The above terms provide important insight when designing a new grit removal system, evaluating an existing system, or performing a grit profile. Other standard factors for implementing enhanced grit removal include head loss, grit system sizing, maintenance, and energy-efficiency. Head losses through various grit removal devices can vary substantially, from as little as 0.25" to more than 12'. Be sure to review the effects of these differences, including requirements for higher heads. Likewise, examine the space requirements for your grit removal system and the corresponding capital costs, particularly with respect to excavation depth (if necessary) and the amount of concrete required. The same goes for on-going maintenance and energy-efficiency concerns.
Typical WWTP grit sizes range from 50 to 100 mesh. These course particles cause the most problems in downstream equipment. At 140 mesh, particles begin to take on silt-like, buoyant properties.
Appraisal questions include: how will on-going operation and maintenance contribute to annual expenditures, and what are the energy demands for operating this system? Some grit removal devices require frequent cleaning while others may require periodic mechanical inspection and lubrication. Concerning energy use, some grit chambers may have no integral moving parts or power draw, but they may require power for ancillary pumping equipment used for head losses, velocity control, or continuous fluidizing.
In 2008, more companies offer mechanized grit removal systems and services than ever before, underscoring the rising grit removal focus in the industry. Ironically, little differentiation exists between grit removal technologies – even among those from newer suppliers. Companies flooding the American market are supplying generic approaches with the immediate goal of qualifying for current bids rather than undertaking the significant financial and intellectual investment required for new product innovation.
Typical grit sampling instrument.
Persuading decision-makers to specify novel approaches and unproven technology takes considerable time and resources to accomplish. Therefore, to get in the game now, some suppliers are choosing to capitalize on expired patents of leading grit removal technologies while other traditional headworks equipment suppliers are expanding their base offerings through equipment packaging.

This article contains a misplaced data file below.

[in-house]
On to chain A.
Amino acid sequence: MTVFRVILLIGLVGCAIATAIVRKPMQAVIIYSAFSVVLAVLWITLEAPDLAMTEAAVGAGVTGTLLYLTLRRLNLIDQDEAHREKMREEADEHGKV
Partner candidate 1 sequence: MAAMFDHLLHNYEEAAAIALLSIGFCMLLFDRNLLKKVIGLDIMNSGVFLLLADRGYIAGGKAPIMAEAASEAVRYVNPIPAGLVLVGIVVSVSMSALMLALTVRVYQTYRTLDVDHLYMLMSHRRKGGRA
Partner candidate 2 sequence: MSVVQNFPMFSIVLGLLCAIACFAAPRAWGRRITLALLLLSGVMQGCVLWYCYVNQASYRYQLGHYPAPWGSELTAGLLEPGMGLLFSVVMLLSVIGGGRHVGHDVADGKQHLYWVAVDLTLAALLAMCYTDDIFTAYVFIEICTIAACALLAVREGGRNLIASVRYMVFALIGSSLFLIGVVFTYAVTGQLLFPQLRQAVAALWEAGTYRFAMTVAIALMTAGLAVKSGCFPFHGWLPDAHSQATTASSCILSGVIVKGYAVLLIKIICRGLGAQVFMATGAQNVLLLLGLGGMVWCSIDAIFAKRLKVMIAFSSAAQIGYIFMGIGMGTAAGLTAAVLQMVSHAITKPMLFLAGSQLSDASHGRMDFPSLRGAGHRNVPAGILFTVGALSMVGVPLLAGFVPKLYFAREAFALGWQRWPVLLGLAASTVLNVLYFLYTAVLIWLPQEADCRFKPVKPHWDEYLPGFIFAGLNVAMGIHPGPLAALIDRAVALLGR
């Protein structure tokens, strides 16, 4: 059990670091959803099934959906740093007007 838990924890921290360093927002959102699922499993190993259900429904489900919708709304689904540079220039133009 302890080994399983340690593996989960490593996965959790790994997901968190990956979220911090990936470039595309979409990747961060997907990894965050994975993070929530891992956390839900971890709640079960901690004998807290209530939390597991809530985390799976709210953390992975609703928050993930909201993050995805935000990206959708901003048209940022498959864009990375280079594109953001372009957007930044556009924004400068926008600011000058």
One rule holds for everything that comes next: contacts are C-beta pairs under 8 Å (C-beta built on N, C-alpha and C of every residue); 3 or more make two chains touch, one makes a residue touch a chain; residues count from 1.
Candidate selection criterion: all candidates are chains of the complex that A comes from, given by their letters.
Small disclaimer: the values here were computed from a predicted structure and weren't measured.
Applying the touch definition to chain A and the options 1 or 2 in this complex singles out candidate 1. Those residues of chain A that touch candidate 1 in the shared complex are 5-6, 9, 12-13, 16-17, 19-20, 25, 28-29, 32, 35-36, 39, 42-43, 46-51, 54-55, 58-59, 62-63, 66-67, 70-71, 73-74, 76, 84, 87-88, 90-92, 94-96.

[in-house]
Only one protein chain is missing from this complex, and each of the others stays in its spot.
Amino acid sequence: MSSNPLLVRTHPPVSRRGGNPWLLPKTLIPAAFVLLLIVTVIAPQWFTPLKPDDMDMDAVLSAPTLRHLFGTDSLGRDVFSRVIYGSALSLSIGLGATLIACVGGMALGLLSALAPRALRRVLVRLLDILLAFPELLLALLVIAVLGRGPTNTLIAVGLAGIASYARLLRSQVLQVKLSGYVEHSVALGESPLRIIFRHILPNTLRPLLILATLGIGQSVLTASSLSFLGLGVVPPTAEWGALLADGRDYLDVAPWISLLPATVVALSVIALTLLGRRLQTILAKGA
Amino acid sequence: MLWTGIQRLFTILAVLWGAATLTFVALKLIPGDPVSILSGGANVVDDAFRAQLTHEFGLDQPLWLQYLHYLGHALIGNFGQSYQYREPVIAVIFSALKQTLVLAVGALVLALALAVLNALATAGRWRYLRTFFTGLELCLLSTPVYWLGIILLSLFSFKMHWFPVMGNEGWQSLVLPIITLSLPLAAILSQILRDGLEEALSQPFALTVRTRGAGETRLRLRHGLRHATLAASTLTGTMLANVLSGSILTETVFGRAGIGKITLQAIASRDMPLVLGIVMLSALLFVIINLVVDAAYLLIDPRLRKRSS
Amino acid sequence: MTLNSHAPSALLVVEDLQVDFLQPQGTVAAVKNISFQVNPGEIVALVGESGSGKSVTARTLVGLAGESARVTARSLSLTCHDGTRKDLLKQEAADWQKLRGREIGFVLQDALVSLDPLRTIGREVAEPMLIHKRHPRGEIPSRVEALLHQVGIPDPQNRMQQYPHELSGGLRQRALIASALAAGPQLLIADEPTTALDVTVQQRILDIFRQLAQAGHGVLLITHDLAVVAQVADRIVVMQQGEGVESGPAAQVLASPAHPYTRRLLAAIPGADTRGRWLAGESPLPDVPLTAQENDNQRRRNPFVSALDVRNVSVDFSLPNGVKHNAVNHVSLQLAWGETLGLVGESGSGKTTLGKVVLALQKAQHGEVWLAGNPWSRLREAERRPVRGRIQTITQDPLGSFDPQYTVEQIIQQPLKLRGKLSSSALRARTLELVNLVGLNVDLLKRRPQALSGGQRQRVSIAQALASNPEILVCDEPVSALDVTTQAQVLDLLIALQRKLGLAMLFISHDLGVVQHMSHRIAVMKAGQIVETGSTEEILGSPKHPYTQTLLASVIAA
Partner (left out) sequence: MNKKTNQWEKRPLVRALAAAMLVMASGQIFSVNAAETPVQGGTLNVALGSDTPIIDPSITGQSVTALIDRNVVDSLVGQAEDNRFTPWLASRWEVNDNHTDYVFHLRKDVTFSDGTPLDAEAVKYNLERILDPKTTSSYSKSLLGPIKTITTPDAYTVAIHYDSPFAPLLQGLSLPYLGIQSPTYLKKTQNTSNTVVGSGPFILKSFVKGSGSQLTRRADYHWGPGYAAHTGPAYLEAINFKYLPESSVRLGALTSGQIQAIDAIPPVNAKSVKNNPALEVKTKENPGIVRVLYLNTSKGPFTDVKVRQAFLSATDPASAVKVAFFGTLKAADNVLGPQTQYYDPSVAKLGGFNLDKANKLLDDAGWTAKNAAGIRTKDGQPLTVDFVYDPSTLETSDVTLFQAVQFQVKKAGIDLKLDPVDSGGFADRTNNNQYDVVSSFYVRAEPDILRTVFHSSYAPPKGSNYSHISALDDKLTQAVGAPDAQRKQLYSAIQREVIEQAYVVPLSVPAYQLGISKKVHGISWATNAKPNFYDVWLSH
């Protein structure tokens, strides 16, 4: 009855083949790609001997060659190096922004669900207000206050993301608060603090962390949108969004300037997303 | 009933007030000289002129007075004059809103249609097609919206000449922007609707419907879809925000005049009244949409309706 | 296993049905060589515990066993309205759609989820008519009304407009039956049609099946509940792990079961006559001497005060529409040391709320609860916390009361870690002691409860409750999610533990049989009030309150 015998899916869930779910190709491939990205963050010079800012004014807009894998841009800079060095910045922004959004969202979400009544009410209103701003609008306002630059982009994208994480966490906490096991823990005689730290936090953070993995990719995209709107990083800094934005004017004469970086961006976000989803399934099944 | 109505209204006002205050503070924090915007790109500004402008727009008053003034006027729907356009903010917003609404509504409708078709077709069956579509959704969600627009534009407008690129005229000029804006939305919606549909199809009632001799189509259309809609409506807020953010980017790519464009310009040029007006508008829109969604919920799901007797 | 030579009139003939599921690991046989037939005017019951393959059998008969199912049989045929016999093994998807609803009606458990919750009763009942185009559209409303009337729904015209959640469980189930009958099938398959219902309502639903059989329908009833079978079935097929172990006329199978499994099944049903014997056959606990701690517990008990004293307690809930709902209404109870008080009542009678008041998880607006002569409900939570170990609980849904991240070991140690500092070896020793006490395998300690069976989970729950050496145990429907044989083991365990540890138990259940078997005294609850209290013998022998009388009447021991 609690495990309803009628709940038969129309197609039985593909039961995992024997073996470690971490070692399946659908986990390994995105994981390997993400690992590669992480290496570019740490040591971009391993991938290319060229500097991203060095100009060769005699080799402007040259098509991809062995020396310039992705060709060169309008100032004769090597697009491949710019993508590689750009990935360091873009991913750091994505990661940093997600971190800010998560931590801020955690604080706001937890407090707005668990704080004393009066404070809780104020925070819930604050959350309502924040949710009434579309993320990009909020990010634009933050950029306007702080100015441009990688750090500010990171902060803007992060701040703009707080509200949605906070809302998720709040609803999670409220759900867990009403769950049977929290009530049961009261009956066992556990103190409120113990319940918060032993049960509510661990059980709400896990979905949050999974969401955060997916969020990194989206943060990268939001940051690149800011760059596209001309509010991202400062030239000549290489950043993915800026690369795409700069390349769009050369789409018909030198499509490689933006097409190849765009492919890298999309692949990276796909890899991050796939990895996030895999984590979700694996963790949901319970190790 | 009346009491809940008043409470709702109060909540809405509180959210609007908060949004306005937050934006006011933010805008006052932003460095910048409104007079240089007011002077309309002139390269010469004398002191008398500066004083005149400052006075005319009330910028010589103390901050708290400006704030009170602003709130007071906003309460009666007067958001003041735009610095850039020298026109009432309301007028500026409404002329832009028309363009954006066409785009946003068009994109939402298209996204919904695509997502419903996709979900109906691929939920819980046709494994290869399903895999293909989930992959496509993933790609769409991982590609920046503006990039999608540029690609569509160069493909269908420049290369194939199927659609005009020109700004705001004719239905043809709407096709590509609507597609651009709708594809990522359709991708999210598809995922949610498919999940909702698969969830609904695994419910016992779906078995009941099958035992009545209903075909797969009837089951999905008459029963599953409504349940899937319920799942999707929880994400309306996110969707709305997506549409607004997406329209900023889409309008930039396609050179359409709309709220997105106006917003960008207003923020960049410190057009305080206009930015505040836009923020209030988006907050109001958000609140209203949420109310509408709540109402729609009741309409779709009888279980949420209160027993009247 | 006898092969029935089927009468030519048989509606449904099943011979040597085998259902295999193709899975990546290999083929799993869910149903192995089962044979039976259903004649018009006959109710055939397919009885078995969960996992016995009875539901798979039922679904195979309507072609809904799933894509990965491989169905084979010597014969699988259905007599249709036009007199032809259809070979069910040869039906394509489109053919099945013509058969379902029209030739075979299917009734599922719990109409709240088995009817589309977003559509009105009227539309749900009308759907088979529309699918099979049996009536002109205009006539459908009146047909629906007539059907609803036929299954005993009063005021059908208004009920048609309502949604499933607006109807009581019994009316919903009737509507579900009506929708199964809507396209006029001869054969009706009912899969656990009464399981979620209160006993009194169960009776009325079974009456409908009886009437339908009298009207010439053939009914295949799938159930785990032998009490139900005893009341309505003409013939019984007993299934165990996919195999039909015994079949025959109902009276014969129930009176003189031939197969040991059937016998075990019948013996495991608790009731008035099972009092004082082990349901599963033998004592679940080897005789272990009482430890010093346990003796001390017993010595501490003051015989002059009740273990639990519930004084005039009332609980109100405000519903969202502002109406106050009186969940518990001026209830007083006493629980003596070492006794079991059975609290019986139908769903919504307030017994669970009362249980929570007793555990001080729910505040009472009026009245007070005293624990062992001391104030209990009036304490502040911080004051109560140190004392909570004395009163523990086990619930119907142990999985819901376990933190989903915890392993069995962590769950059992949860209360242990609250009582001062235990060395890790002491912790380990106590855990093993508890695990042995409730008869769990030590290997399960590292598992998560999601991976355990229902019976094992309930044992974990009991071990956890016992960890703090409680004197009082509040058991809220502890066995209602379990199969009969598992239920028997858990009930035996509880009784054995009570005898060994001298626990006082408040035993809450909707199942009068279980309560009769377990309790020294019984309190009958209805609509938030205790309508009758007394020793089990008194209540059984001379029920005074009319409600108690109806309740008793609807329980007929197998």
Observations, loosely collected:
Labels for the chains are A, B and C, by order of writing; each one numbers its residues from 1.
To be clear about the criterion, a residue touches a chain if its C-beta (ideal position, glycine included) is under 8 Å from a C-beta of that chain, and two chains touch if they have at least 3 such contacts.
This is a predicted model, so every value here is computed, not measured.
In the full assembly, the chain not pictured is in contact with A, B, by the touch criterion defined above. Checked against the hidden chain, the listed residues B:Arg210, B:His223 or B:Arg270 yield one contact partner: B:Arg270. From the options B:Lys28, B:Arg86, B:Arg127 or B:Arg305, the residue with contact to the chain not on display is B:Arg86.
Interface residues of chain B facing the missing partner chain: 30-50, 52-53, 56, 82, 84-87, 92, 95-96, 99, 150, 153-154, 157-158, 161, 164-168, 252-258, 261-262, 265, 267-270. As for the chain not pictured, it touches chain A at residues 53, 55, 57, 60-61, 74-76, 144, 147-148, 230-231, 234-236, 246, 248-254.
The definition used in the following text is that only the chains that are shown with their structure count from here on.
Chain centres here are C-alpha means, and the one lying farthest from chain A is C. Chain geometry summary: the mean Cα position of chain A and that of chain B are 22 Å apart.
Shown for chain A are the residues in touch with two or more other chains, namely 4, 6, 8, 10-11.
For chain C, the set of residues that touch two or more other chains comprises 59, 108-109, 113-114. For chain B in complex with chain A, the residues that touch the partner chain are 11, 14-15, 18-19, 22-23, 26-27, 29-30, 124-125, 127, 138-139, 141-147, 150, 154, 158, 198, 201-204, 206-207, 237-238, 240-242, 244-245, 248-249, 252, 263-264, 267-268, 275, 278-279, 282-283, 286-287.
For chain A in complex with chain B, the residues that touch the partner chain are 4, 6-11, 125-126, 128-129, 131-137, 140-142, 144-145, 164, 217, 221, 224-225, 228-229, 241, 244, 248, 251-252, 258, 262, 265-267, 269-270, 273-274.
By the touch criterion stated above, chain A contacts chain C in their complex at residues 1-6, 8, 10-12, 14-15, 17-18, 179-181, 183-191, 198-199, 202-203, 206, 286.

Expired patents allow companies to replicate previously protected technologies. Examine these generic designs carefully. They may be represented as the same technology, but such companies can lack fundamental design knowledge, R&D, and the field experience afforded by the original innovator. Companies engaging in on-going R&D maintain an advantage over suppliers playing catch-up, particularly when bid prices are essentially equal.
For other suppliers, marketing strategy centers on packaging a variety of headworks equipment (screening, grit removal and grit handling devices) to improve bid success. Packaging is nothing new in the industry, but it historically occurred at the representative/distributor level. Now it’s originating at the manufacturing level, particularly as rampant industry consolidation continues. The key for end-users is evaluating the net results gained from selecting best available/best value technologies for each individual equipment segment verses an entire package that may include both premier and run of the mill equipment.
In today’s market, three types of grit removal systems dominate the landscape: vortex grit chambers (including forced hydraulic vortex and vortex settlers), centrifugal separators, and to a lesser degree, aerated grit chambers. Grit chambers and separators supply a basin or channel that reduces flow velocity, allowing inert grit particles to be hydraulically removed or settled out. Understanding the primary means by which grit chambers physically remove grit – hydraulic vs. settling – provides fundamental insight for system procurement and evaluation because the removal dynamics differ significantly.
When evaluating grit chamber types, review the implications of key design factors like head loss, construction costs, maintenance and energy requirements.
Ironically, most self-described vortex and separator grit chambers rely on settling as the primary means of grit removal despite inducing some measure of centrifugal action, usually by way of cylindrical flow paths and/or rotating paddles. Sloped or cone-shaped chamber flooring is the key indicator of a primary settling device, the design of which depends on detention time and settling rates.
Meanwhile, vortex systems that integrate an inlet flume, flat-floor circular basin with a center opening, and flow baffles generate a hydraulically forced vortex to efficiently remove grit. Flat chamber flooring visually distinguishes a forced hydraulic vortex from a closely resembling settling device, but the velocities and the required detention time inside the chamber also remain different. Forced vortex systems incorporate rotating paddles, but the purpose is to separate organics from the grit particles, not creating a vortex. It’s important to note that settling rates do not apply at all to forced hydraulic vortex grit chambers.